August 21, 2015 Articles

Can Economic Pressure Alone Give Rise to a Tortious Interference Claim?

Learn what the majority and minority of courts have to say about the line between proper and improper economic pressure.

By David L. Johnson and Beau C. Creson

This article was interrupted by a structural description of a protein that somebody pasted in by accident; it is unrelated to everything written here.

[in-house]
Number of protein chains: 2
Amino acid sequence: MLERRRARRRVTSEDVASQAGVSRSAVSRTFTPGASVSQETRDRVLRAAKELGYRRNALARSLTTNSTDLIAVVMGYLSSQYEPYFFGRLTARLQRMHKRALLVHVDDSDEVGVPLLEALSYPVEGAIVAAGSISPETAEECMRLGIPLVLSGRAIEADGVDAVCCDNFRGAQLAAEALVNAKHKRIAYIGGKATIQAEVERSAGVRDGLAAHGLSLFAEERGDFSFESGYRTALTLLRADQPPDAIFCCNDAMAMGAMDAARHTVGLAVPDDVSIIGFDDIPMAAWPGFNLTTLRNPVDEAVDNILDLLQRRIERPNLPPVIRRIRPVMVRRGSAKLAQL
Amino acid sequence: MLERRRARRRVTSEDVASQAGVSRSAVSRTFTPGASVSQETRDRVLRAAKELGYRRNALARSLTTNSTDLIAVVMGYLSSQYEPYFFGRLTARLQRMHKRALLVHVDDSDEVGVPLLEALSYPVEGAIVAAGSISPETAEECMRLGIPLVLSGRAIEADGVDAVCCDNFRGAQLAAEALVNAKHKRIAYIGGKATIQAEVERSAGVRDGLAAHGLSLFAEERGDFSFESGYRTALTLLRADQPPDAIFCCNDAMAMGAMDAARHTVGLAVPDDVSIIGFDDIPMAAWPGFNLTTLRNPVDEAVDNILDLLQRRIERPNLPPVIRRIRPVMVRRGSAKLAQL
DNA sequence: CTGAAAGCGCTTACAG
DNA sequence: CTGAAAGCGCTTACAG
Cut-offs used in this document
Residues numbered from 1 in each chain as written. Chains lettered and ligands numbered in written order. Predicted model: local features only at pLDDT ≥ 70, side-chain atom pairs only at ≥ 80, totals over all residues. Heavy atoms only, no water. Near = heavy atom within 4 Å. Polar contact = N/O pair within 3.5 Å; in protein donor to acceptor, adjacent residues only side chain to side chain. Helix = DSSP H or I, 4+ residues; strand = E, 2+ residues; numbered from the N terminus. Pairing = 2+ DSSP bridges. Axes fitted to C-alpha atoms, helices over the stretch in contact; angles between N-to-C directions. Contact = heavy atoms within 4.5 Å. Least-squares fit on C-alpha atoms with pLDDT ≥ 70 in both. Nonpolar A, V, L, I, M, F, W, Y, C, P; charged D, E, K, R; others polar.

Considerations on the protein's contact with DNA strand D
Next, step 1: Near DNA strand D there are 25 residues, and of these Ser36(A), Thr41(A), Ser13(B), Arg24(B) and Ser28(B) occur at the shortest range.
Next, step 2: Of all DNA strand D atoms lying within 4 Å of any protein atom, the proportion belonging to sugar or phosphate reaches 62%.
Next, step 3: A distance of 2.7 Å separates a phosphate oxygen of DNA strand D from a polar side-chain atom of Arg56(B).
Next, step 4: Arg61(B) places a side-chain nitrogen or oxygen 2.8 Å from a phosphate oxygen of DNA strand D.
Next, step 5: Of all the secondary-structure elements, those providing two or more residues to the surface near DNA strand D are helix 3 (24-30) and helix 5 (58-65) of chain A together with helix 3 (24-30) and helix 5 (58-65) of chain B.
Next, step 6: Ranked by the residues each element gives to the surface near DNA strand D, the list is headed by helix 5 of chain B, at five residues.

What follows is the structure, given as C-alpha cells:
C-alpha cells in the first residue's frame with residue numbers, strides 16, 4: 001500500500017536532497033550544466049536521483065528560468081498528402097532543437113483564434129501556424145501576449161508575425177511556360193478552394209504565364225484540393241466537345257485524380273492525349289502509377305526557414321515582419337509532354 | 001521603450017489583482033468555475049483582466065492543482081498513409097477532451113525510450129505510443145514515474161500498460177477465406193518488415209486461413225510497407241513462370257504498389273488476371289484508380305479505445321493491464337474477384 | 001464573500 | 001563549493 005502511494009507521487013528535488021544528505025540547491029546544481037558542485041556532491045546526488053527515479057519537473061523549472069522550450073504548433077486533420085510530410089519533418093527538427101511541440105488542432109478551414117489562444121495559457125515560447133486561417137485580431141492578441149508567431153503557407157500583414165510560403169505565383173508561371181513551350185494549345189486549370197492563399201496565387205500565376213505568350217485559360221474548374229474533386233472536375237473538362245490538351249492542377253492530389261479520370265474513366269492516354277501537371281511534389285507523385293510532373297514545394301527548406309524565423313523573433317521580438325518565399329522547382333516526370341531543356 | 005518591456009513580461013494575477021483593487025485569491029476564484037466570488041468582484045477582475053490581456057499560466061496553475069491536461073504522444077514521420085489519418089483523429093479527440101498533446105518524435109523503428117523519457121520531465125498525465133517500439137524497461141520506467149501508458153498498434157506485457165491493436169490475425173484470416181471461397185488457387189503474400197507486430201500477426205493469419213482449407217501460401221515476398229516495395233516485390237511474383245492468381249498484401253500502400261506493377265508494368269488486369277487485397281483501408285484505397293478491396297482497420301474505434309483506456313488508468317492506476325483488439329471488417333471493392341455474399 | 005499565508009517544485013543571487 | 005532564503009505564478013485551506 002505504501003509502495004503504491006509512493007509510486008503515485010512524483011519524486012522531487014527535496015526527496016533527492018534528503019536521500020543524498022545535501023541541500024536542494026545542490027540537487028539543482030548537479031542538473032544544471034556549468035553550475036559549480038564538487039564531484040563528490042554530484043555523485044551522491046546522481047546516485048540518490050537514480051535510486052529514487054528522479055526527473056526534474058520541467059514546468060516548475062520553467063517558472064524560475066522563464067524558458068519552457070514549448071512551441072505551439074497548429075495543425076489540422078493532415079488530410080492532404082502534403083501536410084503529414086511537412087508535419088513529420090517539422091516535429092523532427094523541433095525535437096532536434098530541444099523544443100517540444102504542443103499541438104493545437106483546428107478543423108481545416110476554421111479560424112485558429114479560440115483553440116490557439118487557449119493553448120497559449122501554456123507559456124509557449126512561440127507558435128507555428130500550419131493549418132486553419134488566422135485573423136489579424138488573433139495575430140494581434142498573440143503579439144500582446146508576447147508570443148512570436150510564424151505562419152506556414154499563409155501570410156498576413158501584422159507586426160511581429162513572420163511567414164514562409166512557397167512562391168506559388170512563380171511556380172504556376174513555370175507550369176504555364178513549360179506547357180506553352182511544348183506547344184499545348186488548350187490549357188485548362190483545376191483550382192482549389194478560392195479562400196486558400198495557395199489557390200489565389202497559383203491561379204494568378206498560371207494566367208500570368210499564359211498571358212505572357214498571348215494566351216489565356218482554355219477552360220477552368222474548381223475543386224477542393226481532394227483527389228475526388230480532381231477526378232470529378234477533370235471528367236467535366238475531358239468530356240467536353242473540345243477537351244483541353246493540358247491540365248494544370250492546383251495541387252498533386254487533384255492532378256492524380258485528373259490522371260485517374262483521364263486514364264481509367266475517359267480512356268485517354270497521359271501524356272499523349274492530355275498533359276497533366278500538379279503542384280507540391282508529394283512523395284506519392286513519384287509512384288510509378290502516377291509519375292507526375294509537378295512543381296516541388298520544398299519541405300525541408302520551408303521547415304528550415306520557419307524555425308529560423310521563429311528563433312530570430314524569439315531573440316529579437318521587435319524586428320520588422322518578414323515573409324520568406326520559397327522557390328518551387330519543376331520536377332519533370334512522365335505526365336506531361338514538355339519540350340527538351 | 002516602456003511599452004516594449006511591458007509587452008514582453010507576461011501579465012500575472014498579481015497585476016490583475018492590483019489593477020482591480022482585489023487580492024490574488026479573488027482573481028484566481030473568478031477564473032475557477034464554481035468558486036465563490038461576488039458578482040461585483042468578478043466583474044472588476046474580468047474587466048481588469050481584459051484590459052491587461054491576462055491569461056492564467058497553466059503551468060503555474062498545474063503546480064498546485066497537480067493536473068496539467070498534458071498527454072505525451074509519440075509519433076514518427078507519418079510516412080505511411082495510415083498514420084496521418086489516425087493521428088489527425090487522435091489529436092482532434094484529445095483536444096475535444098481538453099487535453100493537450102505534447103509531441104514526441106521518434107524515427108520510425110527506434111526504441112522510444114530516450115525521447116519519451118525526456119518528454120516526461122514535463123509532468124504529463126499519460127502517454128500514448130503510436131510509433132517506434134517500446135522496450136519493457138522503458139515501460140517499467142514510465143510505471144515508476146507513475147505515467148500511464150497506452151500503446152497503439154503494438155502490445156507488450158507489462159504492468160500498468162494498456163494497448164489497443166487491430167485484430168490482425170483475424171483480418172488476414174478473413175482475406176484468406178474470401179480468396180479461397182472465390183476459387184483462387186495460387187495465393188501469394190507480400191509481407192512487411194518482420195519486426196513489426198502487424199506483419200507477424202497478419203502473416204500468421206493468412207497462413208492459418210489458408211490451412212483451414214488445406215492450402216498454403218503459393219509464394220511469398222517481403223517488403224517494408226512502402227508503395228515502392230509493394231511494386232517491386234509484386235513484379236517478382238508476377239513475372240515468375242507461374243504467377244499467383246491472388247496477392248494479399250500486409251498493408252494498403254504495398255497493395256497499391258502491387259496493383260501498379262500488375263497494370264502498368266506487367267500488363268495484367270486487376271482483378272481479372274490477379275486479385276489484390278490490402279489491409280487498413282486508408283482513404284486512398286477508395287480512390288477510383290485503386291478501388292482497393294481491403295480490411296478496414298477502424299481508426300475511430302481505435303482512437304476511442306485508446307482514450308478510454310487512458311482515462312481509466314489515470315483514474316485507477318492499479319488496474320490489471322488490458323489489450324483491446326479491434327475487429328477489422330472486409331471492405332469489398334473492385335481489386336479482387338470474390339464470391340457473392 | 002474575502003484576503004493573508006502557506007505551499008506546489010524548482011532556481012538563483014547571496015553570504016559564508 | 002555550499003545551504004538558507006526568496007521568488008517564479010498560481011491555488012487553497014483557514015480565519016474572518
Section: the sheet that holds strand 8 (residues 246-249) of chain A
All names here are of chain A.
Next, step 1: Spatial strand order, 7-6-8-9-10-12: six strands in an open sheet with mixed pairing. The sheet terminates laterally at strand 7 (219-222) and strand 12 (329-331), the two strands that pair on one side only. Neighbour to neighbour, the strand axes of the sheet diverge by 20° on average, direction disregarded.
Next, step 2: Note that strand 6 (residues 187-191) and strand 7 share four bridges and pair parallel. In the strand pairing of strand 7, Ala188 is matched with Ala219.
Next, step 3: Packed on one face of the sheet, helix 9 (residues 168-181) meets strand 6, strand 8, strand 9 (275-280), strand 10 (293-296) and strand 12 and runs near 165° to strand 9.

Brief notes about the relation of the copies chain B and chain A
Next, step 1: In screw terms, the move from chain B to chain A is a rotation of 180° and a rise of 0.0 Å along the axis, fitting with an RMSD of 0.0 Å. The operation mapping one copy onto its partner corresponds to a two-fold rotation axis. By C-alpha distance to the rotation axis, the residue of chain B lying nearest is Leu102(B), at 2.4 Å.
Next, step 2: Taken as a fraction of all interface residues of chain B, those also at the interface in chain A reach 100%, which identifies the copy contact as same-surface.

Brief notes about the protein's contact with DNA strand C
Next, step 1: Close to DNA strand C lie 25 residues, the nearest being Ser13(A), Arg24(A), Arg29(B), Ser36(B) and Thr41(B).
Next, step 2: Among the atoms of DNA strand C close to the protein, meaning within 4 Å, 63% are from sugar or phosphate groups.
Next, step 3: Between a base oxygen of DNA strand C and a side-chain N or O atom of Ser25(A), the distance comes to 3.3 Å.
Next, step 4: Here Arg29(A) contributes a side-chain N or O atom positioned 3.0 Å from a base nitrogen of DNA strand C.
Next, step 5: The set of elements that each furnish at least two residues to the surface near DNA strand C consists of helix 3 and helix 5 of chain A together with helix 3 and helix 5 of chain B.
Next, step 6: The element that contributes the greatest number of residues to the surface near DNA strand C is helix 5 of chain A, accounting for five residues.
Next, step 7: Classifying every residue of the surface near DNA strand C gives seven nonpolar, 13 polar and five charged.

Competition and free enterprise are fundamental tenets of the American business model. From a very young age, American children are taught the mantra that hard work and competition make everyone better. Oftentimes, these lessons are learned through the lens of titanic business figures like Ford, Vanderbilt, and Carnegie. At some point, however, it becomes apparent that competition is only as good as the virtues of those who compete. Thus, each chapter in the story of American competition includes a struggle between proponents of pure competition for the sake of profit and those who look to the law for shelter from “unfair” or “improper” actions. One way the law has dealt with “unfair” or “improper” competition is through the creation of a cause of action for tortious interference. The law, however, is not uniform on where the line between fair play and unfair competition should be drawn.

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